Brockers came to LSU from Houston's Chavez High School as a 245-pound four-star defensive end with a strong work ethic and no weight issues. His mother, Tiffany Brockers, only let her four children eat sweets on special occasions and Brockers regularly put in full work days on the family farm in Brenham, Texas, feeding the livestock, cutting grass or tilling the soil.

"He was no stranger to hard work," Tiffany Brockers said.

When he got to LSU, defensive coordinator John Chavis could see he was destined to be a 300-pounder, with or without cookies. He was moved inside to tackle and redshirted, although he didn't just stand around and watch. Chavis made sure he got quality snaps in practice and it aided his development.

"If you don't, they don't develop nearly as fast," Chavis said. "He did a good job of handling that and played a good bit of football last year, as much as anybody else at that position. He could have played outside [at end], but your body is going to do what it's going to do. When you get on a program and start lifting weights the way you want to lift, eating the way you should eat, your body will grow.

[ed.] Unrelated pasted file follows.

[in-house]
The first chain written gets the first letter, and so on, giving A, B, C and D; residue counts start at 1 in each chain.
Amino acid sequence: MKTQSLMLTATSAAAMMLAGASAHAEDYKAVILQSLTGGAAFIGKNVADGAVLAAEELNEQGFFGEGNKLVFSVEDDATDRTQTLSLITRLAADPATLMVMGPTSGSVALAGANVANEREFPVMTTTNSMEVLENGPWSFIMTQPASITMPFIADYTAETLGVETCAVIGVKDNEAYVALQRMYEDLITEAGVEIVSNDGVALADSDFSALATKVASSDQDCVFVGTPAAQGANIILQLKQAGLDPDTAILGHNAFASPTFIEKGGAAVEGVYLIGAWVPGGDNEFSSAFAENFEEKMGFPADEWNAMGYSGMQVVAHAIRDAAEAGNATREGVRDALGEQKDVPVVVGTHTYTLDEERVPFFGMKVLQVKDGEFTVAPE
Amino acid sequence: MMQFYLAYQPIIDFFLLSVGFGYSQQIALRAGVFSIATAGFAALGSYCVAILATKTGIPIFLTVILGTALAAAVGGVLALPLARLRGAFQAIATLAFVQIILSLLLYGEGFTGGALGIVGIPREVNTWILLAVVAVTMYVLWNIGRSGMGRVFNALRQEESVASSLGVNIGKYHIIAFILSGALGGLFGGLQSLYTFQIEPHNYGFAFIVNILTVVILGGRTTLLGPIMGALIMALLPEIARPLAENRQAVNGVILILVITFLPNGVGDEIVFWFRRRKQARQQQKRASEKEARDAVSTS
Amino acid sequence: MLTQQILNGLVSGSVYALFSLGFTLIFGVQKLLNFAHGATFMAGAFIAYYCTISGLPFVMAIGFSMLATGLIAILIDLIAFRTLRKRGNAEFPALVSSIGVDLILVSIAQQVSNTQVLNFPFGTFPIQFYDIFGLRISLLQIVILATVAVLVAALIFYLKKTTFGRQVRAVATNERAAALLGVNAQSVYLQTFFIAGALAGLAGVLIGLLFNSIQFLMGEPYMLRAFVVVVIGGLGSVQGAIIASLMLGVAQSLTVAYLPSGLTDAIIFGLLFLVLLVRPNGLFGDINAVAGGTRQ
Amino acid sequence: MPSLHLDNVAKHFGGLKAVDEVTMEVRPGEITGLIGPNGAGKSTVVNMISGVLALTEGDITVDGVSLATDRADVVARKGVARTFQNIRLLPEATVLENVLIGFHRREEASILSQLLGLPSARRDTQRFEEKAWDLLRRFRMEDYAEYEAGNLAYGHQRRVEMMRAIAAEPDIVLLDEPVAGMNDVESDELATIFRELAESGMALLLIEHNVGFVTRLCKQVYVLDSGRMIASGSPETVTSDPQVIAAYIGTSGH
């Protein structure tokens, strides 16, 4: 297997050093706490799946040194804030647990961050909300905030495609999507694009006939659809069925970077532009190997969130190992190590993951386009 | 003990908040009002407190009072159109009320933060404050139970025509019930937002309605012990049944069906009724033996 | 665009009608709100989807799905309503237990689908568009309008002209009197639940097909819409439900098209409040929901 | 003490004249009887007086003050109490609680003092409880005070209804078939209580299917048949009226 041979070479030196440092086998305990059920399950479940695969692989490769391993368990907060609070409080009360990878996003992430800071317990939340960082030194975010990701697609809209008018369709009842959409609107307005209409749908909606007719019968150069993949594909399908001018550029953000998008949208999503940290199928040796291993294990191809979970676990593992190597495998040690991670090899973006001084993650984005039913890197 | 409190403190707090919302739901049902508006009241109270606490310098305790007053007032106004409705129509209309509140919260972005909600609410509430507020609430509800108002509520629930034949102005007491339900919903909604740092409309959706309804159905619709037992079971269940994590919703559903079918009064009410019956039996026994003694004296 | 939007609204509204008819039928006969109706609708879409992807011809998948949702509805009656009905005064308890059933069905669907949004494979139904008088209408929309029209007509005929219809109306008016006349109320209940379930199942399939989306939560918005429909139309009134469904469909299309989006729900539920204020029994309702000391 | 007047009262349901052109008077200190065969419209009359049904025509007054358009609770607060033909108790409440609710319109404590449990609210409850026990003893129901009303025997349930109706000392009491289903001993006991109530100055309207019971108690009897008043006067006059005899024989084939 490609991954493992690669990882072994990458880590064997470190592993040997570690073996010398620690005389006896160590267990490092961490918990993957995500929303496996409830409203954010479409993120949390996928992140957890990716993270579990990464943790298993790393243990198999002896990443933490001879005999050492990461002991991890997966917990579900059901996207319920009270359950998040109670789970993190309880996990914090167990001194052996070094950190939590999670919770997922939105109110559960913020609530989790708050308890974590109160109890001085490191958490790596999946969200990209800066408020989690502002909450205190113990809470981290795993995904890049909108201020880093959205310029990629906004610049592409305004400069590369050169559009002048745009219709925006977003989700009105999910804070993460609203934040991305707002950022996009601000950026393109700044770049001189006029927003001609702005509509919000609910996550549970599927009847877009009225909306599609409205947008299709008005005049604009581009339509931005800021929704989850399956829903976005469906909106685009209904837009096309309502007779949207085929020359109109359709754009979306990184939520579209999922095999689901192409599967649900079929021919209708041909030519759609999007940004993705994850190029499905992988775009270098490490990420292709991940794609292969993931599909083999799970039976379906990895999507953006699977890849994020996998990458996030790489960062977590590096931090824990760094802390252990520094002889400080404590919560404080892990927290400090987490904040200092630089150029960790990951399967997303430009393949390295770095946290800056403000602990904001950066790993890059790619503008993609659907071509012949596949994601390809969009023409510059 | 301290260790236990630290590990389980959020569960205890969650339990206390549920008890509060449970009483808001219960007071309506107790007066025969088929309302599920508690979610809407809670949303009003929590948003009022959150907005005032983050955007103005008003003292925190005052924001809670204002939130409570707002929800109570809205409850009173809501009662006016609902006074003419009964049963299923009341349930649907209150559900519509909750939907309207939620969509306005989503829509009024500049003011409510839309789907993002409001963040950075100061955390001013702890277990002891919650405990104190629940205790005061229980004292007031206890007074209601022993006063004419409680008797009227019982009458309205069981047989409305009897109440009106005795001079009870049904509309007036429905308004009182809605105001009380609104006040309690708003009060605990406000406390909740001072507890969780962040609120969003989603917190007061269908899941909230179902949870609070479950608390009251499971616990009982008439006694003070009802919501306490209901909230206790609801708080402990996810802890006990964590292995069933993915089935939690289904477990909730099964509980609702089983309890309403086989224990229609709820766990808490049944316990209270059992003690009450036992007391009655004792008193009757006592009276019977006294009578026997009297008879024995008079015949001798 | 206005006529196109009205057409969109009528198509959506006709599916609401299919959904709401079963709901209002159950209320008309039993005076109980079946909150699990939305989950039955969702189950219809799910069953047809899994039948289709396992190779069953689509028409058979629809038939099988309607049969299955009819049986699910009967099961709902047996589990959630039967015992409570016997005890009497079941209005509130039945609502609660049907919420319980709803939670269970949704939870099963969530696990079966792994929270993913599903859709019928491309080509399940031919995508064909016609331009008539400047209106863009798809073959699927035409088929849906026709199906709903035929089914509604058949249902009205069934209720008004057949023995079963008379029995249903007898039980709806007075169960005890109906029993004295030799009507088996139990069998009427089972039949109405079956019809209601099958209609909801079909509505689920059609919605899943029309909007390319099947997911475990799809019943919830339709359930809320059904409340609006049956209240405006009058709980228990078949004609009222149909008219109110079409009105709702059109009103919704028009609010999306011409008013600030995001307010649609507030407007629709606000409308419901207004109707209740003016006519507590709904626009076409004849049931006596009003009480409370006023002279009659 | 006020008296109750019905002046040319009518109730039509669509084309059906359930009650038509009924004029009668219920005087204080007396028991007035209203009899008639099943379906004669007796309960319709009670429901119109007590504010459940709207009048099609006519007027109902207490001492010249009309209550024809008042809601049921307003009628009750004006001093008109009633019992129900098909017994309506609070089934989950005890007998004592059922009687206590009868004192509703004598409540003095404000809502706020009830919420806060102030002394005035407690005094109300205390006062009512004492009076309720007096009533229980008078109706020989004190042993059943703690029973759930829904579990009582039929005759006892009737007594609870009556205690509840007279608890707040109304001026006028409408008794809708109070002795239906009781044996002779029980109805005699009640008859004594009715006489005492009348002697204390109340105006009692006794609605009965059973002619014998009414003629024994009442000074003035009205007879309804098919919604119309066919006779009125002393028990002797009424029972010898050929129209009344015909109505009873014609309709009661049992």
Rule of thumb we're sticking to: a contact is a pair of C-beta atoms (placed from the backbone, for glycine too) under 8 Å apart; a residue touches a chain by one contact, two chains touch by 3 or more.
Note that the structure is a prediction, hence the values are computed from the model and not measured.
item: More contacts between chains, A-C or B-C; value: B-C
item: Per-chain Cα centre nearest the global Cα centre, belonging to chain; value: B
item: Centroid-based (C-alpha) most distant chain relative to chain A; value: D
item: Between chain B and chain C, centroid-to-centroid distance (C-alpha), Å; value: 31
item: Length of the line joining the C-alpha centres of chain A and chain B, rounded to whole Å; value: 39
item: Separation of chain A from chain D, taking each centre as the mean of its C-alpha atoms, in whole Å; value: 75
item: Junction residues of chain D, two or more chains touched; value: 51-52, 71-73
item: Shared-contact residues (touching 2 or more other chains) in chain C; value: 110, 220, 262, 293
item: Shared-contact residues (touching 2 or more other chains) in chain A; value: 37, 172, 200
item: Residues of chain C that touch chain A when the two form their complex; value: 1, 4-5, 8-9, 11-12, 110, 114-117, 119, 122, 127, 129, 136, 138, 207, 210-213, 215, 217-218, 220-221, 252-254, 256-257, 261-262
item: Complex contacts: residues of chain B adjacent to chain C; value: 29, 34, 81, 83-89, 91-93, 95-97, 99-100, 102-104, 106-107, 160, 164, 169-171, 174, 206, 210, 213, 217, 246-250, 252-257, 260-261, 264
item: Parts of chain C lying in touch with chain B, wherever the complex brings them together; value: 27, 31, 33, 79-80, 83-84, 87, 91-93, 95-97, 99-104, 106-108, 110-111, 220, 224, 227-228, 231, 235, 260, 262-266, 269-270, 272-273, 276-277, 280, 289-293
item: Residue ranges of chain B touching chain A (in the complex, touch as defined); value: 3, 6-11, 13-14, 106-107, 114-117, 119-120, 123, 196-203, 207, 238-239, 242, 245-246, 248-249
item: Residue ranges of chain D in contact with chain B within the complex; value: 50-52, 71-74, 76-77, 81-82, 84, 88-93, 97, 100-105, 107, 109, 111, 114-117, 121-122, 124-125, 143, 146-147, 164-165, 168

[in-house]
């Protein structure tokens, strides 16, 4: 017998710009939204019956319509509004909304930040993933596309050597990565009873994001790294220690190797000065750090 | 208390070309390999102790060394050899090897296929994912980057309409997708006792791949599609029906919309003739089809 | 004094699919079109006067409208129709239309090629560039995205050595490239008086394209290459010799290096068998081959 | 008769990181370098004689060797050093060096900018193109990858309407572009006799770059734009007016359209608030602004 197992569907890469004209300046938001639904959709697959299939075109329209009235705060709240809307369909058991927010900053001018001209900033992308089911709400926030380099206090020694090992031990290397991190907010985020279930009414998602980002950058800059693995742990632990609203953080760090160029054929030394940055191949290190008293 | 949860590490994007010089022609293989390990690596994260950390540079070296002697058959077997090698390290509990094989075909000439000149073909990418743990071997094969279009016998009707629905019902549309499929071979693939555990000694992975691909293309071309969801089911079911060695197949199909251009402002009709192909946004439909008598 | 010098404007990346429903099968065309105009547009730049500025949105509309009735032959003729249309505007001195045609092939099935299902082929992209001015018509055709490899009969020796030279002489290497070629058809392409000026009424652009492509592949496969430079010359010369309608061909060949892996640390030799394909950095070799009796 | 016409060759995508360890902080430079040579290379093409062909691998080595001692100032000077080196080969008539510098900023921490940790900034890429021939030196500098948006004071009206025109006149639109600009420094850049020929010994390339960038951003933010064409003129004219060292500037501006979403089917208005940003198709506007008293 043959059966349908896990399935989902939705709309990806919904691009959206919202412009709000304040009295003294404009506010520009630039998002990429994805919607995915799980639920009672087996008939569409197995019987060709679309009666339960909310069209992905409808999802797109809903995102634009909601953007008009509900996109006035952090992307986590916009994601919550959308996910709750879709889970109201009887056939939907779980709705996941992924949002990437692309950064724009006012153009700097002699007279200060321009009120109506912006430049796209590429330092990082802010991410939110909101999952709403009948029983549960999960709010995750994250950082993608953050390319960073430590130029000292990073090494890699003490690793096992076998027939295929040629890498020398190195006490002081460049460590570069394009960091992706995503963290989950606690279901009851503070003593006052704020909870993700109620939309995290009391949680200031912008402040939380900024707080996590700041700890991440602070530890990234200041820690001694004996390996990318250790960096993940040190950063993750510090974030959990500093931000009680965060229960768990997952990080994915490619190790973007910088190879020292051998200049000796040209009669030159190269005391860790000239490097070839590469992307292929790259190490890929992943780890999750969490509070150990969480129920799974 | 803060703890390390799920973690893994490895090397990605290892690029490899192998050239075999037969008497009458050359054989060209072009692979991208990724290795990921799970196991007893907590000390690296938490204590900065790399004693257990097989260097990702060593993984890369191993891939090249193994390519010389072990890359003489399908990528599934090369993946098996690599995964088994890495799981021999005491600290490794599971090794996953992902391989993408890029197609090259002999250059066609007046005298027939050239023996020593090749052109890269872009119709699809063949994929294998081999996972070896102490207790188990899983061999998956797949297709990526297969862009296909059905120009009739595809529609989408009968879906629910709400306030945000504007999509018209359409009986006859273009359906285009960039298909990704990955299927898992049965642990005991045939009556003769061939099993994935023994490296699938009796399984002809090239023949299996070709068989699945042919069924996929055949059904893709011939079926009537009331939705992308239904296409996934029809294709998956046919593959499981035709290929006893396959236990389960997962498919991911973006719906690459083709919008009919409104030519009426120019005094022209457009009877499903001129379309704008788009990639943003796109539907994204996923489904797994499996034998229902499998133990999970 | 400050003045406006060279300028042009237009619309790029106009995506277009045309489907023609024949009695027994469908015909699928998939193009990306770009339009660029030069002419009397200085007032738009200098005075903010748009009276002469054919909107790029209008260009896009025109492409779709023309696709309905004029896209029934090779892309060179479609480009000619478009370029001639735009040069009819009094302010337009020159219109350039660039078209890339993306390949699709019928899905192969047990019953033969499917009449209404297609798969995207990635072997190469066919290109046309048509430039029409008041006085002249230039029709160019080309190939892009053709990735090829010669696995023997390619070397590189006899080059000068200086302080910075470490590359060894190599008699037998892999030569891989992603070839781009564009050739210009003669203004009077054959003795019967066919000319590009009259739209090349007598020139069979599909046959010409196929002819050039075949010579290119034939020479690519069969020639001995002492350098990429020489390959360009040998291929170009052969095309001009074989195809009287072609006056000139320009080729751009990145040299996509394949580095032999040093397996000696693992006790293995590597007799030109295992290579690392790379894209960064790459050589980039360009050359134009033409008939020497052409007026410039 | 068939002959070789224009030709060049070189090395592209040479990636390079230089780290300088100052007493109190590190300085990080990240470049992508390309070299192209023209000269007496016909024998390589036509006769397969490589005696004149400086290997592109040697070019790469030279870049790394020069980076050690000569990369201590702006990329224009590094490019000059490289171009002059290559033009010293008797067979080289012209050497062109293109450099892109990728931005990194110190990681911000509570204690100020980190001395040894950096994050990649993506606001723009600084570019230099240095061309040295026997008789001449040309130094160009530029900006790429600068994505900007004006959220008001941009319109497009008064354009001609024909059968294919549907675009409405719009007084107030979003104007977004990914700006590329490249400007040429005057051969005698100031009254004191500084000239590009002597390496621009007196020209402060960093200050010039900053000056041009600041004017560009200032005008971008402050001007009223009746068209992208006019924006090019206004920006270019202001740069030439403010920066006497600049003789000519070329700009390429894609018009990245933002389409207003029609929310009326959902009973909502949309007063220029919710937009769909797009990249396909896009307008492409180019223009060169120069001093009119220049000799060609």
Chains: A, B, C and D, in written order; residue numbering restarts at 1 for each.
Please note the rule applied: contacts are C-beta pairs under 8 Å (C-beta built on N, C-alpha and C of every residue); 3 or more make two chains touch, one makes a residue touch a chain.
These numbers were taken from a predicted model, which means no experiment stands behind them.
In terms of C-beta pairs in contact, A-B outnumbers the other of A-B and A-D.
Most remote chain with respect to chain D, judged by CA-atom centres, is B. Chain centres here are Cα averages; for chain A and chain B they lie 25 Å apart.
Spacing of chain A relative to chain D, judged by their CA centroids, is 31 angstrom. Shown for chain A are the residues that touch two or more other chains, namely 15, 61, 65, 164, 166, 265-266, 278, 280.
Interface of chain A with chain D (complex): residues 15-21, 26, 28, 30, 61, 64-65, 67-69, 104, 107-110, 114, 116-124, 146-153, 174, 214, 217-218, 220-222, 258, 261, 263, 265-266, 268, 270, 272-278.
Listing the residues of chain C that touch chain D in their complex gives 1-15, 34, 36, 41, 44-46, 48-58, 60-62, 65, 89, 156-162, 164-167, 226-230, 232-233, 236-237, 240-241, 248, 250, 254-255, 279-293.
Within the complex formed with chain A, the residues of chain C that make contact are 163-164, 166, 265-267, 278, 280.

"He's a student of the game. He understands what we're doing scheme-wise and what his responsibility is within the scheme. All those things, along with talent, has helped him be productive."

Brockers revels in the team's success, yet still makes enough plays to get noticed occasionally. LSU is No. 3 in the nation in rushing defense (89.6 yards per game) and No. 2 in total defense (247.9).

"I just feel like I've been a real good team player," he said. "There's a lot more, better defensive tackles out there. I do what I have to do to make this team win, let linebackers scrape over and make plays. I don't try to go out there and get every sack."

Unless it's a sack of cookies. But Brockers is good-natured about his plight. He said he'd like to get down to about 295 pounds and it's going to be hard on Thursday.

"I'm going to eat healthy," he said. "It's Thanksgiving and I can't eat like I want to eat. I have to put one goal in mind, which is to win a national championship, and I'm doing this for the team."